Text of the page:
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This article was published 5/6/2014 (699 days ago), so information in it may no longer be current.
Piper Chapman, the fictional inmate at the centre of Jenji Kohan's magnificently layered and wickedly seamy Netflix dramedy Orange Is the New Black, has been sent to one of the Litchfield women's correctional facility's solitary confinement cells, a.k.a. "the SHU" (Special Housing Unit), after giving another inmate a good pummeling at the end of the series' first season.
There she's been losing her grip and using her breakfast goop to brush nature paintings on the walls. The solitude is a good opportunity to think about what got her (and us) to this point. Since entering prison as a fragile and fallen Mary Sunshine from gentrified Brooklyn who was busted on a decade-old trafficking charge, Chapman (Taylor Schilling has been slowly discovering her inner thug.
The show's second season, which began streaming on Netflix just after midnight, strongly suggests that the woman formerly known as Piper is perhaps exactly where she belongs. This is home now.
In terms of character and ambitious writing and acting, Orange Is the New Black is certainly one of the best shows going, however you choose to watch it -- whether by parcelling out an episode every few nights and making it last into the summer (that's what I'd recommend) or gorging on all 13 new episodes over a weekend (in which case, knock yourself out).
The show is often nasty and sometimes distastefully cruel to its characters, but it also easily forges a deep and authentic emotional connection to the viewer. There are frequent reminders that it's as much of a dark comedy as it is a social study. In one of the new episodes, there is protracted debate about the location of the urethra in relation to the vagina -- a matter definitively settled by Burset, a transgender inmate (played by Laverne Cox) -- and a competition between two lesbian inmates, Big Boo and Nichols (Lea DeLaria and Natasha Lyonne) to see who can seduce the largest number of inmates, with a special emphasis on orgasm. I sometimes like to imagine the male-centric world of TV showrunners, producers, writers and even critics getting light-headed and passing out while they watch the show.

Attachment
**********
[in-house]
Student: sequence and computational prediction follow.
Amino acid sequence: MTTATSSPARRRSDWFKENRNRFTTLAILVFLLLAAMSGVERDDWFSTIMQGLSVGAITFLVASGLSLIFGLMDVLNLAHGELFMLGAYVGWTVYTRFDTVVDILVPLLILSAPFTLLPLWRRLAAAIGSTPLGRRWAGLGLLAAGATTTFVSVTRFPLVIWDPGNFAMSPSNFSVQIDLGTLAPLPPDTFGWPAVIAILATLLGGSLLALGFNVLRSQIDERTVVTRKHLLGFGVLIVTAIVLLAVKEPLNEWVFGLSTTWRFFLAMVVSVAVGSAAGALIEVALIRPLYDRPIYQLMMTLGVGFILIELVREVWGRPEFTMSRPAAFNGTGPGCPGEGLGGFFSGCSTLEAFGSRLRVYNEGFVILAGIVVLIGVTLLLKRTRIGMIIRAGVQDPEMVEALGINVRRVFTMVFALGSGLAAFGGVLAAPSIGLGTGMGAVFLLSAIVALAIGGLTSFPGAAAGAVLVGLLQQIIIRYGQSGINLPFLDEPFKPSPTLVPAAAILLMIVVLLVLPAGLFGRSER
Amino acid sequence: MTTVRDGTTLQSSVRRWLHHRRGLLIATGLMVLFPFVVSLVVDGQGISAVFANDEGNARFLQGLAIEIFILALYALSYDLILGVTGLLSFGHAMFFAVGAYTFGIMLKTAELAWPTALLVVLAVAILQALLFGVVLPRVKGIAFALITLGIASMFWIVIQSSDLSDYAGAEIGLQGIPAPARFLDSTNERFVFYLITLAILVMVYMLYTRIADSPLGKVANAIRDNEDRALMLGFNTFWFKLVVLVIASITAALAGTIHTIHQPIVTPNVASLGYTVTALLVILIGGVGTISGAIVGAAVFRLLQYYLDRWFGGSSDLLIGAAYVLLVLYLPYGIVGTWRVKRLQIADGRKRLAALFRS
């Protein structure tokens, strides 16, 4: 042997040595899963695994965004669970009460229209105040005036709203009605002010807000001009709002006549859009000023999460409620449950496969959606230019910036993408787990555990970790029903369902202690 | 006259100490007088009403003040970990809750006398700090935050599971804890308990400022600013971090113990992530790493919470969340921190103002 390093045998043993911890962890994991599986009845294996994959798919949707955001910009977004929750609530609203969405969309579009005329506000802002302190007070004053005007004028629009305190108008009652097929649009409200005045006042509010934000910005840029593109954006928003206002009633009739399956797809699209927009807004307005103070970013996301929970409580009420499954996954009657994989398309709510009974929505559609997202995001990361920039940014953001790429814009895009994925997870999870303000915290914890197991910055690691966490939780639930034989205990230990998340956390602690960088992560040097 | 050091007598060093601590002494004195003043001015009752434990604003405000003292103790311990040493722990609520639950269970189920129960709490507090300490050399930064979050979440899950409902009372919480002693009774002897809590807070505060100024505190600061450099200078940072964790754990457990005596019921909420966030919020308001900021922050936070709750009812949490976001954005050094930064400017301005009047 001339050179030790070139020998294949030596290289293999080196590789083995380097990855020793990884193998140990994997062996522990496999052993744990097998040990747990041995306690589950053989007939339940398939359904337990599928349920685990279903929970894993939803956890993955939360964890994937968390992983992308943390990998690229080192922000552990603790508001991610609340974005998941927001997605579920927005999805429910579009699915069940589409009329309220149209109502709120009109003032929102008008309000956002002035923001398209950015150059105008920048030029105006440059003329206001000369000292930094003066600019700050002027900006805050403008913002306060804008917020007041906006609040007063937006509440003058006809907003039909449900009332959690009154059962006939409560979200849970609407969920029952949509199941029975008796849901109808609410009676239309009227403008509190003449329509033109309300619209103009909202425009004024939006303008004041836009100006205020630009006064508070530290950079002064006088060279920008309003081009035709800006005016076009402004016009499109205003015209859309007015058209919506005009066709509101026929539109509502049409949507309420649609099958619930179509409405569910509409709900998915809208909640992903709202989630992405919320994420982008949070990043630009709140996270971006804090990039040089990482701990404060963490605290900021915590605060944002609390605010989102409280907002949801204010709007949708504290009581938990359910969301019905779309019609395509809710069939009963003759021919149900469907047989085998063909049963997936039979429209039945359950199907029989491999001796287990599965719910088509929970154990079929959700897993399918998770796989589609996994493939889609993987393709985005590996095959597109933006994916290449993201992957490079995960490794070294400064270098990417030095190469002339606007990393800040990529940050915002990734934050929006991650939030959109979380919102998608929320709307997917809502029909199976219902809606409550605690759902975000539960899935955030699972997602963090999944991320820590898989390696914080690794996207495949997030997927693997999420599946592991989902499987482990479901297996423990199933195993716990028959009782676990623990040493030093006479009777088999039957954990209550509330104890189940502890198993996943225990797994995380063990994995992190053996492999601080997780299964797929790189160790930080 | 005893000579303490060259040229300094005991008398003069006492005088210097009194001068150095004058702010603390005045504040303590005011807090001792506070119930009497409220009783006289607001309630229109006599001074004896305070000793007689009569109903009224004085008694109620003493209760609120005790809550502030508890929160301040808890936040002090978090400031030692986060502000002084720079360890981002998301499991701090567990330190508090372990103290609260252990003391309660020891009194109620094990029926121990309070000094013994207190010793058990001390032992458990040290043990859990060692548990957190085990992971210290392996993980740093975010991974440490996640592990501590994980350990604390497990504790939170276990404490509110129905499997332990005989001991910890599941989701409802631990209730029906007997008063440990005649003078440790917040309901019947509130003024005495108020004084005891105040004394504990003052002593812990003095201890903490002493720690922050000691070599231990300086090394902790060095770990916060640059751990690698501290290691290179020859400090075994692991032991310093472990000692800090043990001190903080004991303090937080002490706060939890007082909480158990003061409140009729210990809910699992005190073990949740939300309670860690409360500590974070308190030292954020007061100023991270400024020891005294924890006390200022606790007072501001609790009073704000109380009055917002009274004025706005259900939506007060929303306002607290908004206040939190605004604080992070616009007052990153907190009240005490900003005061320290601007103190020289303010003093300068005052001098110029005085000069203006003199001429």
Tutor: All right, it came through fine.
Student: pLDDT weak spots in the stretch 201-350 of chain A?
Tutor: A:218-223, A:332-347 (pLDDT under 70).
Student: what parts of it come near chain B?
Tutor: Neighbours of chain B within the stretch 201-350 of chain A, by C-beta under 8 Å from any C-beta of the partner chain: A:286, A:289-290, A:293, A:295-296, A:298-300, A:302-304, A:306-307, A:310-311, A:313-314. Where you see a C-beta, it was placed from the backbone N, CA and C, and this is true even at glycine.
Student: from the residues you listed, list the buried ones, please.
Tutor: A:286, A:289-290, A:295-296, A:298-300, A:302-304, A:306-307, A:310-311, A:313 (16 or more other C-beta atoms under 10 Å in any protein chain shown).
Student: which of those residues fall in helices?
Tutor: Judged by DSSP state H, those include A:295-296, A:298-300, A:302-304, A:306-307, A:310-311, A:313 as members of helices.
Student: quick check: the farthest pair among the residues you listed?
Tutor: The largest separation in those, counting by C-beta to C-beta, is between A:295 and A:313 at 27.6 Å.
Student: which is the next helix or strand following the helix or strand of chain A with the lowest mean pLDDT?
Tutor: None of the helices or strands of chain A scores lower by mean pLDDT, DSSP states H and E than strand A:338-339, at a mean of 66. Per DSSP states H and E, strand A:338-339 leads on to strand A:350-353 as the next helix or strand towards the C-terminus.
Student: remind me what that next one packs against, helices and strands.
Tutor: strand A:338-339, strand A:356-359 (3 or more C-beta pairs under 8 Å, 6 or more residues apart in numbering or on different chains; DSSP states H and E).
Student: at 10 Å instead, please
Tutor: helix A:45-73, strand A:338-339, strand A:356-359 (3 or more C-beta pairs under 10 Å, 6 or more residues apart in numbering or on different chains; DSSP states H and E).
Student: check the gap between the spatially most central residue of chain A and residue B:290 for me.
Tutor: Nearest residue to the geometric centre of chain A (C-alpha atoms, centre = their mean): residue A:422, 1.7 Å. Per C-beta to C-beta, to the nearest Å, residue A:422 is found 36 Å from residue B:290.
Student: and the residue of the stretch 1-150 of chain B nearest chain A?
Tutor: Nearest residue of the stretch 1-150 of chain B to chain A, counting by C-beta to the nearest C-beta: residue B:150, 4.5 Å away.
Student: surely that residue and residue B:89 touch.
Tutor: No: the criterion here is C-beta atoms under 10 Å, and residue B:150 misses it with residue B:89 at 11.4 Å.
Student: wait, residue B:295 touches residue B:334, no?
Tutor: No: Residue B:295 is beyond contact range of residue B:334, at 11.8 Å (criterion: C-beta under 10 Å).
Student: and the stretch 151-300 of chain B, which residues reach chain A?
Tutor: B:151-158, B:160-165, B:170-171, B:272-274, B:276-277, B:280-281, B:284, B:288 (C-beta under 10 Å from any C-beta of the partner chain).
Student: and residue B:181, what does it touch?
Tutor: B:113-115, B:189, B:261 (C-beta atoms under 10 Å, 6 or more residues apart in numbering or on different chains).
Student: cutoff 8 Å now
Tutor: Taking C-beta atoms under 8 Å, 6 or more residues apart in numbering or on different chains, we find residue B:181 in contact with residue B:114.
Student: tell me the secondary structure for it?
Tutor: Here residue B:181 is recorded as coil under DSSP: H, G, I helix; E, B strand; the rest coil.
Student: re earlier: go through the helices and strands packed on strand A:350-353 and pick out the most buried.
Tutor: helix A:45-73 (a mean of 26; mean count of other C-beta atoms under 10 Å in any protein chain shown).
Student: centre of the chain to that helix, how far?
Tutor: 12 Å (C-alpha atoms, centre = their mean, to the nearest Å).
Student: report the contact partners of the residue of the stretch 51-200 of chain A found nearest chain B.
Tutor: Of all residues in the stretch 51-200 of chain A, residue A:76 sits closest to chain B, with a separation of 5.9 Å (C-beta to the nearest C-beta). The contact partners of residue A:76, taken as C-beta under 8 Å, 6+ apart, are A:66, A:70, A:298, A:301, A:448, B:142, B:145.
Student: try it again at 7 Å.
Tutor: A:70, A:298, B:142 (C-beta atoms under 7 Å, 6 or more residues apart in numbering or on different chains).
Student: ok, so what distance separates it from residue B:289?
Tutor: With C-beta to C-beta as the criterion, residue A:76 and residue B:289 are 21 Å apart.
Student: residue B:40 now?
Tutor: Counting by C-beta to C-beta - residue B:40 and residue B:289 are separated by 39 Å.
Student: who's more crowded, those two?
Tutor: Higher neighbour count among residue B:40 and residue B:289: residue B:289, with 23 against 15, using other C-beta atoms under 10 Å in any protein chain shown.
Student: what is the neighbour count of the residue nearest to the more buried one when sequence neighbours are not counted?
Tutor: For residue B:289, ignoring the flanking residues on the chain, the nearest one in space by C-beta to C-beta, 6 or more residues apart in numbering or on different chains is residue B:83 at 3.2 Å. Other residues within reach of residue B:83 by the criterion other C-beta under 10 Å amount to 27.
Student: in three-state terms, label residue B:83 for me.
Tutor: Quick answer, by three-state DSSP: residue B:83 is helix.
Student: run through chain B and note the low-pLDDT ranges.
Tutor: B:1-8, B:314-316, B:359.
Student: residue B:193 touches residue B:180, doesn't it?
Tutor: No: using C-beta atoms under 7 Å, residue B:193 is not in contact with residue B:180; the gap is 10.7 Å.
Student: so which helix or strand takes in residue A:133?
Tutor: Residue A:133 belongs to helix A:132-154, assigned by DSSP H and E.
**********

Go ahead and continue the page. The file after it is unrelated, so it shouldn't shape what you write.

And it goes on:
On a not-so-subliminal level, Orange is asking us to consider all the deplorable, despicable male TV characters we've embraced over the years and, in turn, demonstrate a similarly complex empathy for the women doing time at Litchfield. The show continues to clearly demonstrate that writing strong roles for women -- and lots of them -- is not the artistically elusive problem it's been made out to be; a network simply has to want to do it.
It's also easy to praise the show for the way it acquaints us with the rituals and degradations of the modern American penal system. I'll leave it to prison reform advocates and former inmates to judge the relative precision of the details, but, as a television series based on a best-selling memoir, it certainly passes my sniff test: Do you watch it and feel like you've gone to prison? Yes. And is it interesting? Always.
Race is a more central theme in this season's first six episodes, as one of Litchfield's ex-cons, Vee (Lorraine Toussaint, a new cast member) begins insidiously sowing unrest among the black inmates.
The real treasure in Orange Is the New Black are the flashback scenes in which we learn the personal stories of individual characters -- the details they keep most private, about who they were before prison and what crimes landed them there.
Long after running through all the episodes, you find yourself still thinking about these women. "It's so interesting, all these lives," says a corrections officer (Lauren Lapkus) who has taken to eavesdropping on their phone calls, which are recorded. "It's like reading Dickens."
This could possibly be a classically subtle Kohan jab at all those critics who compared HBO's The Wire to sprawling 19th-century literature. But in the case of Orange Is the New Black, it also rings quite true.
-- The Washington Post